Obama's getting ready to present his new budget proposal. Conservatives are already saying it its cuts don't go far enough. Liberals just want their social programs.
You know, is it really so complicated? Won't there just always be ghettos, wherein most of the crime will occur? Hasn't this always been the case?
Or at least whenever there has been some semblance of property rights. Because you have the haves living together in one area, the have-nots living together in another area. This creates very different normative behaviors which have their own inertia. Broken windows theory.
It seems to me a simple pragmatism that says, OK, we're not going to have perfect egalitarianism any time soon. So let's take a bunch of our resources and target the inner-city/ghetto/etc. We'll do our best to provide a safety net, and put out some scaffolding so as many people can climb out as possible. It won't break the bank. We'll spend maybe, 5-10% of our wealth on helping them out.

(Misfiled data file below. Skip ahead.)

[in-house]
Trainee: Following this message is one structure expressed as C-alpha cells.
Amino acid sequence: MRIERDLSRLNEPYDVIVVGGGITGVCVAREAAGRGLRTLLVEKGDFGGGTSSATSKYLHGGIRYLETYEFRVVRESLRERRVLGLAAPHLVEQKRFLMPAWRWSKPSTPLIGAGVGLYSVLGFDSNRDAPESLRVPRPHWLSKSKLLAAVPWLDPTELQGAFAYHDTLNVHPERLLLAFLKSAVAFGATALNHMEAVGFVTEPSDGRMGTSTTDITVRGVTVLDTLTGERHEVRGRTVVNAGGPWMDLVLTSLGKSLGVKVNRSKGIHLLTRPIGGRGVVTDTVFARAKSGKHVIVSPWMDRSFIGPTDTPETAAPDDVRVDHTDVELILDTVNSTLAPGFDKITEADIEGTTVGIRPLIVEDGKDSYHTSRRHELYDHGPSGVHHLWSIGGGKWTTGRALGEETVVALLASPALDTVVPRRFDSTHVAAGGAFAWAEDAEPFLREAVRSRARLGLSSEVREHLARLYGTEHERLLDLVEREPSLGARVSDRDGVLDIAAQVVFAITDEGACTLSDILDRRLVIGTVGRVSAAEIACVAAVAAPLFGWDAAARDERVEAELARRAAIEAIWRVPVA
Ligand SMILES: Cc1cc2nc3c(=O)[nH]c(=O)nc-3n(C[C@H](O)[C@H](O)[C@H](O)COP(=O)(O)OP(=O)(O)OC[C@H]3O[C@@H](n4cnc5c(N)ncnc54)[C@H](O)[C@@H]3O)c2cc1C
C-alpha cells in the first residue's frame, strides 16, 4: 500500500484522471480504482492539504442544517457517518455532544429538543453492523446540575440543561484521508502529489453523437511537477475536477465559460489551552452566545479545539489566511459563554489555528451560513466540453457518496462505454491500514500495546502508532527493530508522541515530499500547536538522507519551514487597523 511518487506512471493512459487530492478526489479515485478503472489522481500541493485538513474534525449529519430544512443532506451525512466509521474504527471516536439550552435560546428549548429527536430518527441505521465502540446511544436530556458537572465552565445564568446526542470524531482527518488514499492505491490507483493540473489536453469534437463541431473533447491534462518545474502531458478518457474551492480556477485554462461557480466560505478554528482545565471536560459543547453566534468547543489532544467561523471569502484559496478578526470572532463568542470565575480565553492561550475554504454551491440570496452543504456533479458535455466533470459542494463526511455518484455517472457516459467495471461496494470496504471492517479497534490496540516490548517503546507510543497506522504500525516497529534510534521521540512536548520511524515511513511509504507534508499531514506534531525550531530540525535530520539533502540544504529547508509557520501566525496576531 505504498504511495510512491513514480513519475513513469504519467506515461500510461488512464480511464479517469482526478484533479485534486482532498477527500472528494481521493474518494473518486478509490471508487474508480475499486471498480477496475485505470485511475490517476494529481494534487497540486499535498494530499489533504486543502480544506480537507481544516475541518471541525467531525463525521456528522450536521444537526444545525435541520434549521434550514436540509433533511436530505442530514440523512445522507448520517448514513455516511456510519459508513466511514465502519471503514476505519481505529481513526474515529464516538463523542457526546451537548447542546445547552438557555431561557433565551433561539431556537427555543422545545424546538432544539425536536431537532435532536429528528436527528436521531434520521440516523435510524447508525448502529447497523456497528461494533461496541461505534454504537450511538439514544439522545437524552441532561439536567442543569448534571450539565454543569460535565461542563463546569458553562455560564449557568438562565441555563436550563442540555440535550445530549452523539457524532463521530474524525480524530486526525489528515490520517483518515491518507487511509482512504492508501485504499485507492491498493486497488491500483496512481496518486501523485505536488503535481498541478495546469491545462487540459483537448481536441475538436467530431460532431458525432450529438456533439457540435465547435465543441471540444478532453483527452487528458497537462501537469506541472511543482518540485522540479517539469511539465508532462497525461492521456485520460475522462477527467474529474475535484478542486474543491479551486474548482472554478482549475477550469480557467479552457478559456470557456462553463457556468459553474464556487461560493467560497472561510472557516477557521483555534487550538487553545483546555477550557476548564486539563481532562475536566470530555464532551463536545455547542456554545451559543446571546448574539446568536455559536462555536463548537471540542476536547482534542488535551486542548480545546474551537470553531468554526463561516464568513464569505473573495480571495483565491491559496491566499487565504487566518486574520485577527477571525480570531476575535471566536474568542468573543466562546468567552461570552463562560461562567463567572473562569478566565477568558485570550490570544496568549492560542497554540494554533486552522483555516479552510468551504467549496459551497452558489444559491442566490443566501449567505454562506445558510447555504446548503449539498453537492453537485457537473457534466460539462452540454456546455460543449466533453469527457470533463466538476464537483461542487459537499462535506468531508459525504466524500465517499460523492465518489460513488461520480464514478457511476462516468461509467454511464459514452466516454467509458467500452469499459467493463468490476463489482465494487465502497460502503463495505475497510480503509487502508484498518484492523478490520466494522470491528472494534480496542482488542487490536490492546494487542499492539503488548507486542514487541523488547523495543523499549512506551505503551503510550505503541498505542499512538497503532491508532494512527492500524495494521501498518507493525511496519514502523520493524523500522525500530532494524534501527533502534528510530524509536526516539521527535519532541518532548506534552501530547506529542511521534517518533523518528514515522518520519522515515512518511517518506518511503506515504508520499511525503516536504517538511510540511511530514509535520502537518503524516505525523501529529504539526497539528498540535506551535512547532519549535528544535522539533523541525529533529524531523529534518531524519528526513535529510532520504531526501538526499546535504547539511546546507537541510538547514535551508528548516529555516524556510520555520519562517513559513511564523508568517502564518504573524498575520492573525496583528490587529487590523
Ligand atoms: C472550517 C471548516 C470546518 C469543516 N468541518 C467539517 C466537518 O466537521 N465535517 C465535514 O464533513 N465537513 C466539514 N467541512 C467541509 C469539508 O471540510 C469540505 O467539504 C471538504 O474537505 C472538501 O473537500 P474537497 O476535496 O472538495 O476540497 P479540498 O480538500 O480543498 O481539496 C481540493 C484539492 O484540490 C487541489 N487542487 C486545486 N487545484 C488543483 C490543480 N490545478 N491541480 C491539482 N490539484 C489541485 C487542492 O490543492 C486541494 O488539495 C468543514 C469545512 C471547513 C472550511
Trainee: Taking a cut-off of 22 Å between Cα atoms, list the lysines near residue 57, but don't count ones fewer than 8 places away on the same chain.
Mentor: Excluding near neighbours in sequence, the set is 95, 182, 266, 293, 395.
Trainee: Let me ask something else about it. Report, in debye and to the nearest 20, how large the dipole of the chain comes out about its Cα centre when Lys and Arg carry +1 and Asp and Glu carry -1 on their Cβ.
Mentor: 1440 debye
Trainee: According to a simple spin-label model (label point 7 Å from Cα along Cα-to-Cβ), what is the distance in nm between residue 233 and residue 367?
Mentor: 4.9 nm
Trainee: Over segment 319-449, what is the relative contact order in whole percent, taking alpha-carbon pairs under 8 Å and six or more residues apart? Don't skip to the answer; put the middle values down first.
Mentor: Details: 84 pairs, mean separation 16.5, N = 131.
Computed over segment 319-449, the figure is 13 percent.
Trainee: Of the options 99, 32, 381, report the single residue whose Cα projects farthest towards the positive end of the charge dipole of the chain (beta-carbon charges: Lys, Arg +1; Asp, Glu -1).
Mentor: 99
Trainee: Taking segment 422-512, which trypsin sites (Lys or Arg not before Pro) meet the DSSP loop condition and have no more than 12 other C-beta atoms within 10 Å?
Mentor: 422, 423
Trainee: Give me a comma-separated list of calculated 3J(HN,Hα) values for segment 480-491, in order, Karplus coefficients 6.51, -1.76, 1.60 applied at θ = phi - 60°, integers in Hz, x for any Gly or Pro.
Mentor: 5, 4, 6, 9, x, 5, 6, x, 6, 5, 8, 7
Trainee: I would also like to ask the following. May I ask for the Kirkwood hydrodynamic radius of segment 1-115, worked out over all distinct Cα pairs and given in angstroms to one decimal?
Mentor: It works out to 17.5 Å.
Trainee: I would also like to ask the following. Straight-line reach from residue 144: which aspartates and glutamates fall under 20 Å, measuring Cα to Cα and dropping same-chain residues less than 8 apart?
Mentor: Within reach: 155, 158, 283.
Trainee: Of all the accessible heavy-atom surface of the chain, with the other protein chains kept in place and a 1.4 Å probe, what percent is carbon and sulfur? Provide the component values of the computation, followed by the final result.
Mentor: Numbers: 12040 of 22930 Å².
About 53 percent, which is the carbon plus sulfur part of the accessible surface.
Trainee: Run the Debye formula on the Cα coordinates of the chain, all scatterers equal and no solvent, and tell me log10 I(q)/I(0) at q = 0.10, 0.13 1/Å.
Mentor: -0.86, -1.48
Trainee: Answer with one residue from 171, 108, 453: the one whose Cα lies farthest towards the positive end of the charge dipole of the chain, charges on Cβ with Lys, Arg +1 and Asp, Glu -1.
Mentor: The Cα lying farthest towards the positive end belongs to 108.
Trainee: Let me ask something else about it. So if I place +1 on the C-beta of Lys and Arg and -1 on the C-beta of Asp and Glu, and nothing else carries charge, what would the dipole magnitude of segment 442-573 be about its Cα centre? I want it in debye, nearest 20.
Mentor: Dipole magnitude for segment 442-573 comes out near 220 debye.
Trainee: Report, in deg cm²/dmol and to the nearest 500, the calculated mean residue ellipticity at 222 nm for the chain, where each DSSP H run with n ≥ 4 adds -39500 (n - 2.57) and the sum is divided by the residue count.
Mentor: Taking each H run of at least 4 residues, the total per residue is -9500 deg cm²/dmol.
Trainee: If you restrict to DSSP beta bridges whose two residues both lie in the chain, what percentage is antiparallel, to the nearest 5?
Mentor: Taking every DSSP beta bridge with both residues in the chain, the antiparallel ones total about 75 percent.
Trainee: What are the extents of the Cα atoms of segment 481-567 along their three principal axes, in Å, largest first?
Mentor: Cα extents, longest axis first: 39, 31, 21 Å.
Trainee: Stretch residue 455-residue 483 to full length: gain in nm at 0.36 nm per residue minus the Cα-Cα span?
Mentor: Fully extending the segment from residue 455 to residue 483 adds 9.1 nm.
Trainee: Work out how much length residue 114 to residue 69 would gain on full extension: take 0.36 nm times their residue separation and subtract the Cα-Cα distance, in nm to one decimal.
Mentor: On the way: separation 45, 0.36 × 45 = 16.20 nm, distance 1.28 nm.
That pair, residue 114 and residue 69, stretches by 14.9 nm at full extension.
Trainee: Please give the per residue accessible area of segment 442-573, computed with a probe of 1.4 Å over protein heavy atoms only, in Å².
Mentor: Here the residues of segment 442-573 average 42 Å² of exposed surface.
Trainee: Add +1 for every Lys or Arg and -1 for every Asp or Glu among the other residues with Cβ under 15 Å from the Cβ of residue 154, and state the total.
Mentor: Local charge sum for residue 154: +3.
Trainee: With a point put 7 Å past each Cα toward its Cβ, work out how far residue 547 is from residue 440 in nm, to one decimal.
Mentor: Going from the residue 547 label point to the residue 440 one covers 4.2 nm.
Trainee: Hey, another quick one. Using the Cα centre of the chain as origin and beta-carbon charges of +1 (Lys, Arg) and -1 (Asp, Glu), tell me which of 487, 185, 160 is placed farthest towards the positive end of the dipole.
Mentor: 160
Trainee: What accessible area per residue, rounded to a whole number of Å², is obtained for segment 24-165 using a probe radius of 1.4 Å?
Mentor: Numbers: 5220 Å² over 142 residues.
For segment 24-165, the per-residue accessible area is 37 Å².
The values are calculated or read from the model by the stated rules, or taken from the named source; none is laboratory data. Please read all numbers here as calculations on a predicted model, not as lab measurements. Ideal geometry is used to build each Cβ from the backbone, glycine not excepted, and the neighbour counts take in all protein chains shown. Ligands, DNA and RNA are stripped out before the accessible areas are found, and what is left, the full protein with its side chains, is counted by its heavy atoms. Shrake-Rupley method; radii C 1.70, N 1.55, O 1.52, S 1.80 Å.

But the reservoir is going to keep filling with spill-over from other areas of society - those who for whatever reason found themselves failing. Maybe they had bad luck. Maybe they're lazy (I hate that word, as it's meaningless, but it does at least describe a general behavior). Maybe they have issues. Maybe they don't know how to make the system work for them. Etc.
They'll find the cheapest part of town to live in. They'll have children. Those children will go to school with a high percentage of kids from similarly failing backgrounds.
I don't see what the big deal is. There are a lot of things we do that work to help change lives. There's stuff that doesn't. But we learn from it, and design better and better systems of dealing with this problem that seems kind of built in to modern social and economic systems. But the Wax/Mac Donald idea of "waiting for culture to change" just seems, well, idiotic. This problem has been around since biblical times - and long before. Jesus wasn't talking about some different, special kind of "poor". This is just life. It's being human. I won't give up on Utopian fantasies of true egalitarianism. But I realize we need to be practical.